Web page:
Housing Hasn't Hit Its Ceiling

With mortgage rates still low and signs of economic improvement, S&P thinks the home boom has more room to run

By Michael Jaffe

While the torrid pace of new home sales may leave some observers wondering if a significant slowdown may be in the offing, we at Standard & Poor's expect them to remain strong through the end of 2004. We base that forecast on the belief that mortgage rates will remain accommodating through the period, and that an improving economy will leave consumers comfortable about taking the plunge to buy an expensive asset such as a home, even if interest rates move up modestly. Despite the uptick over the past couple of months, rates remain very low, though our opinion would change if rates move much higher.

Overall, we expect sales of new single-family homes to rise in 2003 at a percentage rate in the mid-single digits -- reaching an all-time high of more than 1 million units -- and to remain relatively steady in 2004. Sales in the first six months of 2003 were up 11%, to 554,000.

In recent years, housing markets have been buoyed by historically low interest rates, which bolstered the U.S. market throughout most of 2001 and 2002 and through the first half of 2003, despite economic recession, terrorist attacks, and the war against Iraq.


  Although 30-year conventional mortgage rates had moved up some 110 basis points, to 6.4%, since reaching a 45-year plus low of 5.3% in late June, S&P believed that 30-year conventional mortgage rates would stay in check through 2004. As of mid-August, 2003, we were projecting average 30-year mortgage rates of 6.0% to 6.2% in the second half of the year and 6.3% in 2004.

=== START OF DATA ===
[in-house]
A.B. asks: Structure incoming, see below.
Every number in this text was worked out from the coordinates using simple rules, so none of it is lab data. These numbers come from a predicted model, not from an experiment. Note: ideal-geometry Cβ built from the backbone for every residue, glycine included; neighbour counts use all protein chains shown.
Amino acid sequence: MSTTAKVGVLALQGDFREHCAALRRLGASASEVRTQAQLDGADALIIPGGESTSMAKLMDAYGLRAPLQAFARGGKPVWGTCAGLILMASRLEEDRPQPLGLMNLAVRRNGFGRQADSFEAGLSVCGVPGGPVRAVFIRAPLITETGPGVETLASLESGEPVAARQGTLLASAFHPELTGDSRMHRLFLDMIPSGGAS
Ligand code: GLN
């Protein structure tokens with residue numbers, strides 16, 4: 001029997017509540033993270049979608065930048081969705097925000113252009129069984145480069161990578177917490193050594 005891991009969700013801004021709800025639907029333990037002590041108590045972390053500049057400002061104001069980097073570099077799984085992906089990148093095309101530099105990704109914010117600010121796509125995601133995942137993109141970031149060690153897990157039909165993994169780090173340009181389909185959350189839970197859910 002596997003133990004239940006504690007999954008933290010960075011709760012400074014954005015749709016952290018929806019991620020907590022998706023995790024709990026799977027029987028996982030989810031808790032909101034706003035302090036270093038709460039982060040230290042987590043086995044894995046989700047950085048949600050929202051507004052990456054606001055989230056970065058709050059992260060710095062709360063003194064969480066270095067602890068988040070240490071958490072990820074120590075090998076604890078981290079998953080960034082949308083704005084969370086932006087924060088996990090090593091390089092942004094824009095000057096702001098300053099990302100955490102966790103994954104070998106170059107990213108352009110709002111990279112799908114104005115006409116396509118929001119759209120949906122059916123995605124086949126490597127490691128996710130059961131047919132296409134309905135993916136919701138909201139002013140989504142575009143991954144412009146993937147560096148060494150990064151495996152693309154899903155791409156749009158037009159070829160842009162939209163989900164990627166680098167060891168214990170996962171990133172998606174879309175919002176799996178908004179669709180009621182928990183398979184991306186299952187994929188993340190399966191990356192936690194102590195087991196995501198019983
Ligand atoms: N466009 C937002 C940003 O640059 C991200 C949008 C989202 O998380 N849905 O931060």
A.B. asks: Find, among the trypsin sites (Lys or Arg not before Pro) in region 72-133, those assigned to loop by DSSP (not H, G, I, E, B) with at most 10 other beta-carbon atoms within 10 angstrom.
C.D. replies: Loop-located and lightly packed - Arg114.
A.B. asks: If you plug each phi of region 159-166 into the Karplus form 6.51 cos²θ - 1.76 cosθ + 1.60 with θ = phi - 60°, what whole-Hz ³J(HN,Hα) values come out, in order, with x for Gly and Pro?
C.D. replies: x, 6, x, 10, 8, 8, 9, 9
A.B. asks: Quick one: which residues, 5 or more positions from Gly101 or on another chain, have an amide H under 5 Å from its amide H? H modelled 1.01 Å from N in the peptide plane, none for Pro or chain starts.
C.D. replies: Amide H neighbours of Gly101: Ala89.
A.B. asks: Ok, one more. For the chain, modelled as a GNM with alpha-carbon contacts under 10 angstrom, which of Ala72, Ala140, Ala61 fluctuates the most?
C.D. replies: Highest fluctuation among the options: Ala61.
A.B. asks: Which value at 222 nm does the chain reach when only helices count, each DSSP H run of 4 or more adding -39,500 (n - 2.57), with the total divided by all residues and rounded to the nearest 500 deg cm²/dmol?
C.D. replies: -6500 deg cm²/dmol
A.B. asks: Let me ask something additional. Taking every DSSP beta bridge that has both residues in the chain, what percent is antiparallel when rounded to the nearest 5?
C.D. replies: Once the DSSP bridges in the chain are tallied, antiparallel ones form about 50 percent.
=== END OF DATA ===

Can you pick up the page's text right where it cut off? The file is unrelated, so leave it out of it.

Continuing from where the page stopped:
The upturn seen in 30-year conventional rates since late June has knocked down affordability slightly. However, as long as our mortgage-rate forecast is relatively accurate, we don't expect homes to get much less affordable through the end of 2004. Other factors influencing new home sales are employment trends, consumer confidence levels, and housing prices. The amount of inventory and the fluctuations of the housing cycle also affect industry performance.

The sluggish job market is one of the possible obstacles to home sales over the next year. Since the early part of 2001, companies have actively reduced their payrolls, and the June, 2003, the unemployment rate of 6.4% marked the highest level seen in over nine years. Although job losses have slowed since early 2002, net job creation seems unlikely before 2004. This could discourage a number of individuals from buying new homes.


  Builders are doing their part to ensure that there are plenty of homes in the pipeline. During 2002, the total number of new homes under construction gained 6.4% on the prior year's total, reaching 1.705 million, according to the Commerce Dept. Gains of 6.7% in single-family starts and 5.1% in multifamily starts were recorded. For the first half of 2003, total starts managed a 2.2% gain, with a 4.2% rise in single-family starts outweighing a 6.1% drop in multifamily.

For the multifamily segment of the market, we expect the softer trends seen in the early part of 2003 to continue. We base that forecast on the higher affordability of homes, with historically low mortgage rates enabling more individuals to buy single-family homes instead of renting apartments.

Our top stock selections in the homebuilding group are Lennar (LEN ) and DR Horton (DHI ), each of which is ranked 5 STARS (buy).

Analyst Jaffe follows homebuilding stocks for Standard & Poor's

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